Darrah adds, “It almost makes the board look like the surface of the moon and those little divots or defects stick right out.”
The camera system takes images, which are concatenated, or linked, together without gaps, so operators can view them continuously. Images from both systems are processed on a single PC.
Challenges During Implementation
The engineers solved numerous implementation challenges in the design and implementation of the system.
The primary challenge they faced was building a system that would fit into the space available, given the mill’s existing conveyors and machinery.
To help solve this problem, the Bodkin team positioned a mirror inside each enclosure. “Folding the illumination path allowed us to reduce the size of the light shield (box). Without the folds, the light shield would have to extend way out, making the system awkwardly large,” Andrew Bodkin, Principal of Bodkin Design & Engineering, says.
The Bodkin team also addressed the system size issue through the lens selection process.
“We tested a number of lenses to find one that was telecentric enough to match with the Sony Pregius chip we had purchased. (Purchase options were limited due to chip shortages). Initial testing was done with a Nikon lens intended for 35 mm film. But its focal length was too long to package conveniently, and shorter focal length lenses were either too slow to eliminate motion blur, or too vignetting (less brightness near the image’s edges) to allow for reasonable performance when the images were concatenated,” Bodkin explains.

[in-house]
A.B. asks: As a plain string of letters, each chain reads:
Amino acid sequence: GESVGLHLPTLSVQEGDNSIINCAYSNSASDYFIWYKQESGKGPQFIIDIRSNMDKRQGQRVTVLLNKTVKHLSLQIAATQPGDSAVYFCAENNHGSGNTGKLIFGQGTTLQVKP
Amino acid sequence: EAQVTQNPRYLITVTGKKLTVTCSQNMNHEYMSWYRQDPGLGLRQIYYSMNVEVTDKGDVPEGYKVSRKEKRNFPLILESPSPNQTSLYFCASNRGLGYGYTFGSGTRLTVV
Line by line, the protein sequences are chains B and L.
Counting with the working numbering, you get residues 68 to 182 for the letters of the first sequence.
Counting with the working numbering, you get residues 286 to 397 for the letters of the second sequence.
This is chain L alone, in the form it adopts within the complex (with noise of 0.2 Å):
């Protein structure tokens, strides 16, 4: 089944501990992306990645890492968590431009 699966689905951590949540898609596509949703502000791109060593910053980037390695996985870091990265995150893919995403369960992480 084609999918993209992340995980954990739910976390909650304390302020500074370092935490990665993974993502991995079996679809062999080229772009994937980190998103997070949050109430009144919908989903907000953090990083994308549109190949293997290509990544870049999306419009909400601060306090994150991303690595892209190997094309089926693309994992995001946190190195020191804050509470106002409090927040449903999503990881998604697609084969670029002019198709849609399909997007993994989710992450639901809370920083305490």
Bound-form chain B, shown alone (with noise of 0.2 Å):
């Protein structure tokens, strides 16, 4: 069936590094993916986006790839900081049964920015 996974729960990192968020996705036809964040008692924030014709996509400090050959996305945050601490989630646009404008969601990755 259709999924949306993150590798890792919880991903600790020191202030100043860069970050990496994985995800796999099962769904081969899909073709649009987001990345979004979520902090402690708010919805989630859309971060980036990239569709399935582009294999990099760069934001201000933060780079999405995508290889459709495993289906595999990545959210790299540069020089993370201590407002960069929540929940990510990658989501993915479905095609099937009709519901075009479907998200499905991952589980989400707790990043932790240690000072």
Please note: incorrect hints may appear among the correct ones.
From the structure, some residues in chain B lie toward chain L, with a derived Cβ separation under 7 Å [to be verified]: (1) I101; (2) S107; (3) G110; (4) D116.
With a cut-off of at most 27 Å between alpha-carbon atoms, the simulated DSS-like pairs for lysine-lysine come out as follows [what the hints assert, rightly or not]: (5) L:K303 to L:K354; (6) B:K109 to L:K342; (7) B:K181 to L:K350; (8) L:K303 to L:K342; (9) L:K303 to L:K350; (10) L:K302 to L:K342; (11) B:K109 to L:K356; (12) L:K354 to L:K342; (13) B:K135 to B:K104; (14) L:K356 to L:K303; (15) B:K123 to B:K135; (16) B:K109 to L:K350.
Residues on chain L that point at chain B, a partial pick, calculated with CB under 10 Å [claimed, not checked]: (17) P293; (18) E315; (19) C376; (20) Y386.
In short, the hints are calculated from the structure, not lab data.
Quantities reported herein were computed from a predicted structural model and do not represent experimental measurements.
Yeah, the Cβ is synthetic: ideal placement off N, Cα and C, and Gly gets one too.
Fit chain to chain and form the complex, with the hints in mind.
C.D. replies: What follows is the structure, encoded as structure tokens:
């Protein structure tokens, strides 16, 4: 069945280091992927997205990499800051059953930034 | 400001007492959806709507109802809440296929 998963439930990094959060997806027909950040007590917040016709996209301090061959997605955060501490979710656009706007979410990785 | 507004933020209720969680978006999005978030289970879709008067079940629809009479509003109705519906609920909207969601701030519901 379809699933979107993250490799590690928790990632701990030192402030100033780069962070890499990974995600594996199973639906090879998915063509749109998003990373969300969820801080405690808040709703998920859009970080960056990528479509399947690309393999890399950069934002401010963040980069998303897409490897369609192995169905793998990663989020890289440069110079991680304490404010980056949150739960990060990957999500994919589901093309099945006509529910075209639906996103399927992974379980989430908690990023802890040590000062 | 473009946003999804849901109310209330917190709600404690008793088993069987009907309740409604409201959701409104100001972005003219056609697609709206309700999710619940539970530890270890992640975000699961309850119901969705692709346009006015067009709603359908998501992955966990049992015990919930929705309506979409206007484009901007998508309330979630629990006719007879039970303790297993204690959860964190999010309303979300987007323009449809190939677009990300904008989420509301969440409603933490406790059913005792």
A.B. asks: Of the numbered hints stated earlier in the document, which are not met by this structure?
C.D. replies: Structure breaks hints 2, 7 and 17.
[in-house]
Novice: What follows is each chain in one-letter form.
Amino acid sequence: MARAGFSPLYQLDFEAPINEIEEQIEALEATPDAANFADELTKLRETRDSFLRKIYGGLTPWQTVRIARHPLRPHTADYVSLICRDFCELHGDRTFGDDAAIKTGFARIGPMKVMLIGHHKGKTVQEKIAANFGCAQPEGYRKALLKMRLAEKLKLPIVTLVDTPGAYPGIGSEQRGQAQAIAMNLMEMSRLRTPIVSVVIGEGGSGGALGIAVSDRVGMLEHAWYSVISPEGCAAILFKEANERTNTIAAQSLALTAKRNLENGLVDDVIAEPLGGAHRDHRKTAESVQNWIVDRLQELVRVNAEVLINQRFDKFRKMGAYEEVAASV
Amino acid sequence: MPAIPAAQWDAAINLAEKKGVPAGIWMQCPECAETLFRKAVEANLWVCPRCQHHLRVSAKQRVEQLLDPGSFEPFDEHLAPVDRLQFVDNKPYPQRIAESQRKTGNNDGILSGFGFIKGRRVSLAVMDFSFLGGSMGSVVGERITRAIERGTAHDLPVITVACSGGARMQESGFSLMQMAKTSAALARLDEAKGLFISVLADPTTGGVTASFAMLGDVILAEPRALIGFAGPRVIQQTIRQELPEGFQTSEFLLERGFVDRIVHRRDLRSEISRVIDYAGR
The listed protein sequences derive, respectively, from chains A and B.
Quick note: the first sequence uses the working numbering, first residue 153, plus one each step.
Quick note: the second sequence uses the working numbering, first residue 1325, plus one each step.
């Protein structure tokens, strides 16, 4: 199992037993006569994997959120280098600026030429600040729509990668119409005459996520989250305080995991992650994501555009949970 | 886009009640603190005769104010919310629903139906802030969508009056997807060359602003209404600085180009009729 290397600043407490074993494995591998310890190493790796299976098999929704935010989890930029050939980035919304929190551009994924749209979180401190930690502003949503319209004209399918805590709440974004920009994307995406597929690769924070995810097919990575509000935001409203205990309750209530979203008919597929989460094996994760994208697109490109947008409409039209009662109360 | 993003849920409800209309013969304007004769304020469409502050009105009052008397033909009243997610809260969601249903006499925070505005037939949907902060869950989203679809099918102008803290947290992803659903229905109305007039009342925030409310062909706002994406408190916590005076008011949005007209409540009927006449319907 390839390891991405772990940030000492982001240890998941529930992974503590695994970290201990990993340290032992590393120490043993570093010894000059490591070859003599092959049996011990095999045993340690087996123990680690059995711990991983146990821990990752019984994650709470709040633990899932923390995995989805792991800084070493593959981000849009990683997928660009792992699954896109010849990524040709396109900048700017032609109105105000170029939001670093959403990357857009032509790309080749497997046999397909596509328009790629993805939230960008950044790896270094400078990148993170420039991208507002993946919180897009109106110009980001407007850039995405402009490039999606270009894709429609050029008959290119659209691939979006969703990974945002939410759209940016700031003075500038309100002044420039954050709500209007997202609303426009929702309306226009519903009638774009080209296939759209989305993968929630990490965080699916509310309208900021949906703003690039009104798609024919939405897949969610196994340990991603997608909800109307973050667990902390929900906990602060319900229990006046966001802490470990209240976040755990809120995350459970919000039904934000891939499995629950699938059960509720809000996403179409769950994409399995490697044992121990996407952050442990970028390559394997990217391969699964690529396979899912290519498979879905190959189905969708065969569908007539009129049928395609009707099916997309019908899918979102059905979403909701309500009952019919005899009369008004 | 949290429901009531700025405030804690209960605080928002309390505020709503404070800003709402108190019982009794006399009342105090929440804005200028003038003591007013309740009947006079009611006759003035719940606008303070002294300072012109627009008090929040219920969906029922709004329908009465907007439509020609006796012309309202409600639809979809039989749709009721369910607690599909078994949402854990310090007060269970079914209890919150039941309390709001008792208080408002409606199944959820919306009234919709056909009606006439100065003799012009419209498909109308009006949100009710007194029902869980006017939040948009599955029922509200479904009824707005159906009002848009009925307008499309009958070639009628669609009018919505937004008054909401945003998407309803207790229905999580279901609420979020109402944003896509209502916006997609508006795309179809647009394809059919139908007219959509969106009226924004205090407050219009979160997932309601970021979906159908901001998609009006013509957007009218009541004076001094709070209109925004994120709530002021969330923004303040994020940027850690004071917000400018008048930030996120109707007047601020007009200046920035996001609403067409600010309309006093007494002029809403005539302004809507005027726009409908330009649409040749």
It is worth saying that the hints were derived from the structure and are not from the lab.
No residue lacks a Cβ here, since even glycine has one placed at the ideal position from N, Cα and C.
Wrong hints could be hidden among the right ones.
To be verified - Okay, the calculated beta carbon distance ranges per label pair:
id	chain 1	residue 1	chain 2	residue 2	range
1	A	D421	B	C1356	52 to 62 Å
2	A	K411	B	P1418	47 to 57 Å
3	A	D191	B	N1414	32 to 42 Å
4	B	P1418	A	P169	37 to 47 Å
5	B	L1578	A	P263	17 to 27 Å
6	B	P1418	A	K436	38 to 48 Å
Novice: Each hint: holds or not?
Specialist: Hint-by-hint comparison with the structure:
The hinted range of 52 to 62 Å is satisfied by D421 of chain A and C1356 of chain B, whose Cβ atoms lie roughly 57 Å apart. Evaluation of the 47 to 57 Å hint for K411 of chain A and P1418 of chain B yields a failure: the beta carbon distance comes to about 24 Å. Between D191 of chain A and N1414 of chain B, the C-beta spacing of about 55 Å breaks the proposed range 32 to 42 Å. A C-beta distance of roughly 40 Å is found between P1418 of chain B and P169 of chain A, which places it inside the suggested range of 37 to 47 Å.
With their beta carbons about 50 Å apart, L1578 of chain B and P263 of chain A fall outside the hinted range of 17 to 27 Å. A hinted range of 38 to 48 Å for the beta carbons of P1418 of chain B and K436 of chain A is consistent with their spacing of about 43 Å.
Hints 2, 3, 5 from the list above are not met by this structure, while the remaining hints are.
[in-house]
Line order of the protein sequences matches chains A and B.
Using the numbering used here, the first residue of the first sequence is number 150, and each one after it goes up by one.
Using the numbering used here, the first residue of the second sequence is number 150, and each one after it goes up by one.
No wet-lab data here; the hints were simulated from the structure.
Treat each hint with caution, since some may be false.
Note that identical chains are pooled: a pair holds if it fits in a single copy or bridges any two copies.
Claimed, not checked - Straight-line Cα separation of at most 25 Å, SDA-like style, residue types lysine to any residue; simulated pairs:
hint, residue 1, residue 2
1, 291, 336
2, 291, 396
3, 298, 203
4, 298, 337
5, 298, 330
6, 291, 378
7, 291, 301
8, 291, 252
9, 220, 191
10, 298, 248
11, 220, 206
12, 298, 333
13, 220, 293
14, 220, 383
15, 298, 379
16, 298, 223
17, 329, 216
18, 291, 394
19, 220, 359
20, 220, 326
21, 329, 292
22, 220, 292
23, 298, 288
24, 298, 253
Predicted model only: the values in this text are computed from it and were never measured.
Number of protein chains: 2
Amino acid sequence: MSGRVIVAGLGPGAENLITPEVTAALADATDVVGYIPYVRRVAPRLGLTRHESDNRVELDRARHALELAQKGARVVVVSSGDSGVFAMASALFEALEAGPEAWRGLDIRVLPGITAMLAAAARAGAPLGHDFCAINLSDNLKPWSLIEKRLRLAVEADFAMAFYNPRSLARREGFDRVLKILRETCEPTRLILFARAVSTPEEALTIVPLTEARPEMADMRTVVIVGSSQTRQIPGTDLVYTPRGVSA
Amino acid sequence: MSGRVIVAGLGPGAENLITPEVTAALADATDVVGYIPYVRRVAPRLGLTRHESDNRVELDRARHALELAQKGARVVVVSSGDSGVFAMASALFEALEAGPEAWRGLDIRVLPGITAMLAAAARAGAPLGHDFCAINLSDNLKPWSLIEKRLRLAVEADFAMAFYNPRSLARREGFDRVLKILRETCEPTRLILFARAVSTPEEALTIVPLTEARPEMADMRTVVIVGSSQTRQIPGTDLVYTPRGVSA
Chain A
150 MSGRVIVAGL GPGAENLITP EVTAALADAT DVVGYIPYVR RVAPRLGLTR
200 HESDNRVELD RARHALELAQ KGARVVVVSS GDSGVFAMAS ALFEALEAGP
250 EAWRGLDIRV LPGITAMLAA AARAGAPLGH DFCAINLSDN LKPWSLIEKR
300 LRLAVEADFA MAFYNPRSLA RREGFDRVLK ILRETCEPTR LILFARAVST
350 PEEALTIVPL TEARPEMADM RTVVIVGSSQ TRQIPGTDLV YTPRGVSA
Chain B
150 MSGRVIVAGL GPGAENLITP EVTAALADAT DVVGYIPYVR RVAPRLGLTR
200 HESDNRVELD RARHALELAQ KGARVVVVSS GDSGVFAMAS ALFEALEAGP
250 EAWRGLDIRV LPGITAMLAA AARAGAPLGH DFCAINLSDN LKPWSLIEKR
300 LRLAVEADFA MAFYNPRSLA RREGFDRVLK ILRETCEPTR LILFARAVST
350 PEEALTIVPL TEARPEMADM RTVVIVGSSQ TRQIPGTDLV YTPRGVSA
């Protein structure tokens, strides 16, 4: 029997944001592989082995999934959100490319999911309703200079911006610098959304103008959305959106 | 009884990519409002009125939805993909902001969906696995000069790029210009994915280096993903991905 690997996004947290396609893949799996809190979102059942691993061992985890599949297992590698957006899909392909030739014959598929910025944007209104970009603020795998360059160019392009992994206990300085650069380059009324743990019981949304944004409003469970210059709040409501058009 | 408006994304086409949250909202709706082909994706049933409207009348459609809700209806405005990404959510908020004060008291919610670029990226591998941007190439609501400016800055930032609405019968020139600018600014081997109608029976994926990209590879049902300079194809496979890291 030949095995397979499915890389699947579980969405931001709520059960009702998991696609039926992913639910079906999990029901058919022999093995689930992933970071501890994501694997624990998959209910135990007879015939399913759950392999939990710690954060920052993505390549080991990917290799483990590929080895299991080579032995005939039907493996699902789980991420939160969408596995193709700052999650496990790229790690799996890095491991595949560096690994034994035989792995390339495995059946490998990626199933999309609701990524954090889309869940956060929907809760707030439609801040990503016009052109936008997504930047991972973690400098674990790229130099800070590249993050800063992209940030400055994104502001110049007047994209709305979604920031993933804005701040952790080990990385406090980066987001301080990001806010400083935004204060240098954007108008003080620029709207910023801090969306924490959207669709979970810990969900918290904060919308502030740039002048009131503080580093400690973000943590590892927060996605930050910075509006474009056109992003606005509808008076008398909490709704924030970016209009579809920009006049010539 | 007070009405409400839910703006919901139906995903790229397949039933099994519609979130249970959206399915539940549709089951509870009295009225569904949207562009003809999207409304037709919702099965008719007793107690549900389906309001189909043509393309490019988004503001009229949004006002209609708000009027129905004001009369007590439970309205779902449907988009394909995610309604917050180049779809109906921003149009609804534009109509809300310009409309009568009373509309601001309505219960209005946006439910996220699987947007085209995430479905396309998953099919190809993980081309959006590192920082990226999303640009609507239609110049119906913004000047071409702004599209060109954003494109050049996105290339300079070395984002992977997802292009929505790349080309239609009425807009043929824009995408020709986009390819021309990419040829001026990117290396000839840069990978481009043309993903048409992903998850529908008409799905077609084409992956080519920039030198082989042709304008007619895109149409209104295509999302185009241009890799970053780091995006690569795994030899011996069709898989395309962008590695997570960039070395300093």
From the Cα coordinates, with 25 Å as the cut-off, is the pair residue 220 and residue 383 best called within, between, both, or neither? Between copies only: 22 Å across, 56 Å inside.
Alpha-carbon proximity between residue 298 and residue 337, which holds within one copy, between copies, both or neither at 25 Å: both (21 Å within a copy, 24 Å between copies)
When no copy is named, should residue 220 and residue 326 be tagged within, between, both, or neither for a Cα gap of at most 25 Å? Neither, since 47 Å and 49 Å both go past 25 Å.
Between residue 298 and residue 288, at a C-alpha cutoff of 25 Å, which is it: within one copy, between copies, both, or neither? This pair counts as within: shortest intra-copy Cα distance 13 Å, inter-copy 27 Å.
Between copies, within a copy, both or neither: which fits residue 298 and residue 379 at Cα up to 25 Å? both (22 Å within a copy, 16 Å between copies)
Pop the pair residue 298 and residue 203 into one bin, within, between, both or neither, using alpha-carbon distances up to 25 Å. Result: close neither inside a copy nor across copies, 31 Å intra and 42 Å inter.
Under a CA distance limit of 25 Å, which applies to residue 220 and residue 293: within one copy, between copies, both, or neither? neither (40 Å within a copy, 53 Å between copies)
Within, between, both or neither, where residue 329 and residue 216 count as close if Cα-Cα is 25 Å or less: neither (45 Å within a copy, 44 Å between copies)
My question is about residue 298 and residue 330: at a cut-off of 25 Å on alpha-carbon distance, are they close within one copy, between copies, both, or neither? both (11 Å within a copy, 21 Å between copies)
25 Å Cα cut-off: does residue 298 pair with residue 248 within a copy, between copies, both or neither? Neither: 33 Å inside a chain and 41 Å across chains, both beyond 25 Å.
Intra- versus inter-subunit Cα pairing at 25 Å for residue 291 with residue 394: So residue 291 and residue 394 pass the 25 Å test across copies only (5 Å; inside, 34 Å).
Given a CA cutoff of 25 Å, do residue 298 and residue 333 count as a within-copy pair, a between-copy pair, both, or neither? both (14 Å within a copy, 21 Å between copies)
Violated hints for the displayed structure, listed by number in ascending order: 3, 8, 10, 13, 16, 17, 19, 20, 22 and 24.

After testing, the team settled on the product from VST America.
The Bodkin team wrote machine vision algorithms using C++.
Another challenge was the risk of interference from the mill’s production machinery on the imaging process, particularly given the distance from the inspection system to the control room’s PC, where images are processed and monitored. Bodkin tested a 100-foot Ethernet cable, and “it worked just fine,” he says.
However, the mill’s team of electricians used 250 ft of cabling to install the production system. “It was very slow,” Bodkin says. “We were lucky if we took six pictures a second.”
With coaching from Bodkin, the electricians shortened the length to 125 ft and the performance of the machine vision system improved dramatically.
The firm has access to the Surface Finish Inspector remotely, allowing it to tweak the system as necessary, such as changing a camera’s settings, or work with the mill’s staff on modifications.
The system has produced positive results for the mill. “Everybody here is in agreement that it has helped us catch things,” Darrah says. It is almost a few times an hour. It is instantaneously helping us catch things we weren’t catching.”
Darrah also notes that the costs associated with defective products add up quickly, particularly if a truckload of paneling is delivered to a customer and then returned to the mill. “The benefit value of finding those problems early is tremendous,” he says.